The multitude of spectators of Diana's funeral is the most reenactionary (of many reenactionary) details between the funeral and the Triumphal Way. I singled this aspect out because without the crowds Diana's funeral would have just been a very good carrying-out of a centuries old design for a procession. With the crowds, however, Diana's funeral manifested the same magnitude of civic involvement that the ancient Triumphs manifested, thus making Diana's funeral a more real reenactment of the events in ancient times.

2003.01.09 15:58
Re: on CR tonight 2003.01.08
All you report about The Charlie Rose Show last night is indeed accurate, but I'm not sure anachronistic is the word I would use to describe the overall impression of what transpired. In fact, my comparison of the TV architects interview with The Bachelorette and Joe Millionaire was to call out the "cultural" similarities of each program, i.e., televised contestants vying for the big prize--perhaps an age old story, but still ironically timely.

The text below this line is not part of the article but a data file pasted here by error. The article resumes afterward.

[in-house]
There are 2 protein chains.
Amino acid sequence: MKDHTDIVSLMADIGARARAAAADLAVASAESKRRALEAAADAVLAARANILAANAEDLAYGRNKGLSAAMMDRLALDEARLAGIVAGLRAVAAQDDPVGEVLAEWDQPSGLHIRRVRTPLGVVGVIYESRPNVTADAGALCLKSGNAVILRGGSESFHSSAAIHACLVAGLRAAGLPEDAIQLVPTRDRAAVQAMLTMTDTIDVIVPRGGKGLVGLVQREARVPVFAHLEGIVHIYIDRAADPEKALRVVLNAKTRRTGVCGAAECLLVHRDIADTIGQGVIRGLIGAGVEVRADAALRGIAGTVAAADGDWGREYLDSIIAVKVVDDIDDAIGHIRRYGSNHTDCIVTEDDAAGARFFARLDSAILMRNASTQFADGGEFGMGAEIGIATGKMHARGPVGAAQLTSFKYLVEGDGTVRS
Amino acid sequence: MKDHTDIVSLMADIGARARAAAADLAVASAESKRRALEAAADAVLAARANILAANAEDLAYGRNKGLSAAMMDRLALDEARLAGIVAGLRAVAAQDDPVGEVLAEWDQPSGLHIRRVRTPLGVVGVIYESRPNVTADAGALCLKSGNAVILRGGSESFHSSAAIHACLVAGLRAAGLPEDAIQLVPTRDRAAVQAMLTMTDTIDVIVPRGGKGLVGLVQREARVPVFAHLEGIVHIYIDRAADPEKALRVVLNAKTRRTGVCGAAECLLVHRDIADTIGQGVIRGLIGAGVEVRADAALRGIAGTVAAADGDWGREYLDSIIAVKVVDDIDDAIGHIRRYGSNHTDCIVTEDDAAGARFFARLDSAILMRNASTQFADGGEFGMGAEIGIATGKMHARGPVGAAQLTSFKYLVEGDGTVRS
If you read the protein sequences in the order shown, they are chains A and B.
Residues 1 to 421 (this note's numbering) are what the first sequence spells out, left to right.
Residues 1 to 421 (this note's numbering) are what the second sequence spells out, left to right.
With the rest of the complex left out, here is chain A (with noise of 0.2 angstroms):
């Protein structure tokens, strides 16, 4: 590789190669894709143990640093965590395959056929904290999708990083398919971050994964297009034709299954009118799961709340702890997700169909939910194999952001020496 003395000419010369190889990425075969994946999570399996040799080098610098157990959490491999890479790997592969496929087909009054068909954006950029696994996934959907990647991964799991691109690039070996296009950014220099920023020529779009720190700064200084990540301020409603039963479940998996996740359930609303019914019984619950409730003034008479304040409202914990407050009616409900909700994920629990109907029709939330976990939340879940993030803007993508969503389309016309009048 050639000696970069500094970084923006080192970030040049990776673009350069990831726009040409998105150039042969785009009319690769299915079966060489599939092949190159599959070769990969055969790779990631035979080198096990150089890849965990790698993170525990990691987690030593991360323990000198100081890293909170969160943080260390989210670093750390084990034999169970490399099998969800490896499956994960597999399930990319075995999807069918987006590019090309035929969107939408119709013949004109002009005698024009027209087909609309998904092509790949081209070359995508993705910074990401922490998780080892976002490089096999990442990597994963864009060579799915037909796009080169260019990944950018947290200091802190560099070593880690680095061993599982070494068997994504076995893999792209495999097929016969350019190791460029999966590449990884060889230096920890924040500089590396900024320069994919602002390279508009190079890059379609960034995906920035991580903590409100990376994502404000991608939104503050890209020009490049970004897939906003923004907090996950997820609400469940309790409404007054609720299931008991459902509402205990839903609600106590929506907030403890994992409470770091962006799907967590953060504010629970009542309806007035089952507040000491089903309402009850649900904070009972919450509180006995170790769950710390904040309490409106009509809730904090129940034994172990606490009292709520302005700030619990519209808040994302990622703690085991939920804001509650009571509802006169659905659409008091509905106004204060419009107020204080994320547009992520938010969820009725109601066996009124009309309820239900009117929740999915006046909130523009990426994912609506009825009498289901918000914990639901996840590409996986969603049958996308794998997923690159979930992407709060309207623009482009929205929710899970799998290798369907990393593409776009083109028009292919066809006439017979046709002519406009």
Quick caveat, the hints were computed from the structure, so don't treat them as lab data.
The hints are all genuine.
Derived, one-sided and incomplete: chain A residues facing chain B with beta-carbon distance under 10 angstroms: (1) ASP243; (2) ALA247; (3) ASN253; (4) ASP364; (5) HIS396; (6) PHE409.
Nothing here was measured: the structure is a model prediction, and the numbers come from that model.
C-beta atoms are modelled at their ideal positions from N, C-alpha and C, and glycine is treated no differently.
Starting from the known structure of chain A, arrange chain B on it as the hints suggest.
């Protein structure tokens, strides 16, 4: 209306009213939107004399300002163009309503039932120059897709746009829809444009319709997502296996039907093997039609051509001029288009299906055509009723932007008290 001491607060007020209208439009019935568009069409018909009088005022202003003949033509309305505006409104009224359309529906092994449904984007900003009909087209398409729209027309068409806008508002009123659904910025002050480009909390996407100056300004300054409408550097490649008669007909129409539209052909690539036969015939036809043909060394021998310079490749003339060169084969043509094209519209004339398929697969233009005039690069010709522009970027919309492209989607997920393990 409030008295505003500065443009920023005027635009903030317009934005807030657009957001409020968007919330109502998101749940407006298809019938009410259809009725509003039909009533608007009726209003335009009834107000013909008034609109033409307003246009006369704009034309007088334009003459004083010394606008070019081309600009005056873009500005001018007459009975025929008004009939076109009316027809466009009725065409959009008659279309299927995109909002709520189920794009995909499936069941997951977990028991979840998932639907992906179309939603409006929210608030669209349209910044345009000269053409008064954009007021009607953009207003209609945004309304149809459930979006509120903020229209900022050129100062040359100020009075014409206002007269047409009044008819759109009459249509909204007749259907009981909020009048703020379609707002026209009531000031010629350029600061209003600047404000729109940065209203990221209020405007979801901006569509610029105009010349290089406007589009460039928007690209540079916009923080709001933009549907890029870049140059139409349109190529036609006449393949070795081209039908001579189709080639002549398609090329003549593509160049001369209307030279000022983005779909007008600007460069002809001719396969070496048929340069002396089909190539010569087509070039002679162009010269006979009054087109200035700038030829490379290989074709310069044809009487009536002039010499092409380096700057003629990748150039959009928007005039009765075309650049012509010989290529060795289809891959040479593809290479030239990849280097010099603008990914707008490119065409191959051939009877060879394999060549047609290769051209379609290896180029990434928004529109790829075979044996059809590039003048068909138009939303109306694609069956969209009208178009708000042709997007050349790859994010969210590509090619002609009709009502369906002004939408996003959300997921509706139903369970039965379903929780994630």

It became clear to me that although Rose "loves" architecture, he nonetheless has no or little knowledge of the jury system that resolution of architecture designs are (academically) formed by, a system that is ingrained in architectural training/thinking from the very start. And seeing the interaction last night made me begin to seriously wonder if the jury system is all that good (anymore), mostly because it (unwittingly?) perpetuates the notion that architects are their own best critics, while, as you suggest, coming across to the rest of the world, as their own worst enemies.
I didn't mean to dismiss Holl, rather relate what I saw last night. Holl's recent MIT dorm may indeed have led to his team's final design, but I wouldn't discount the contributions of all four architects combined. Also, let's not forget the buildings Arquitectonica built/designed in the early 1980s. I believe Bernardo Fort-Brescia was the first architect I ever saw on TV.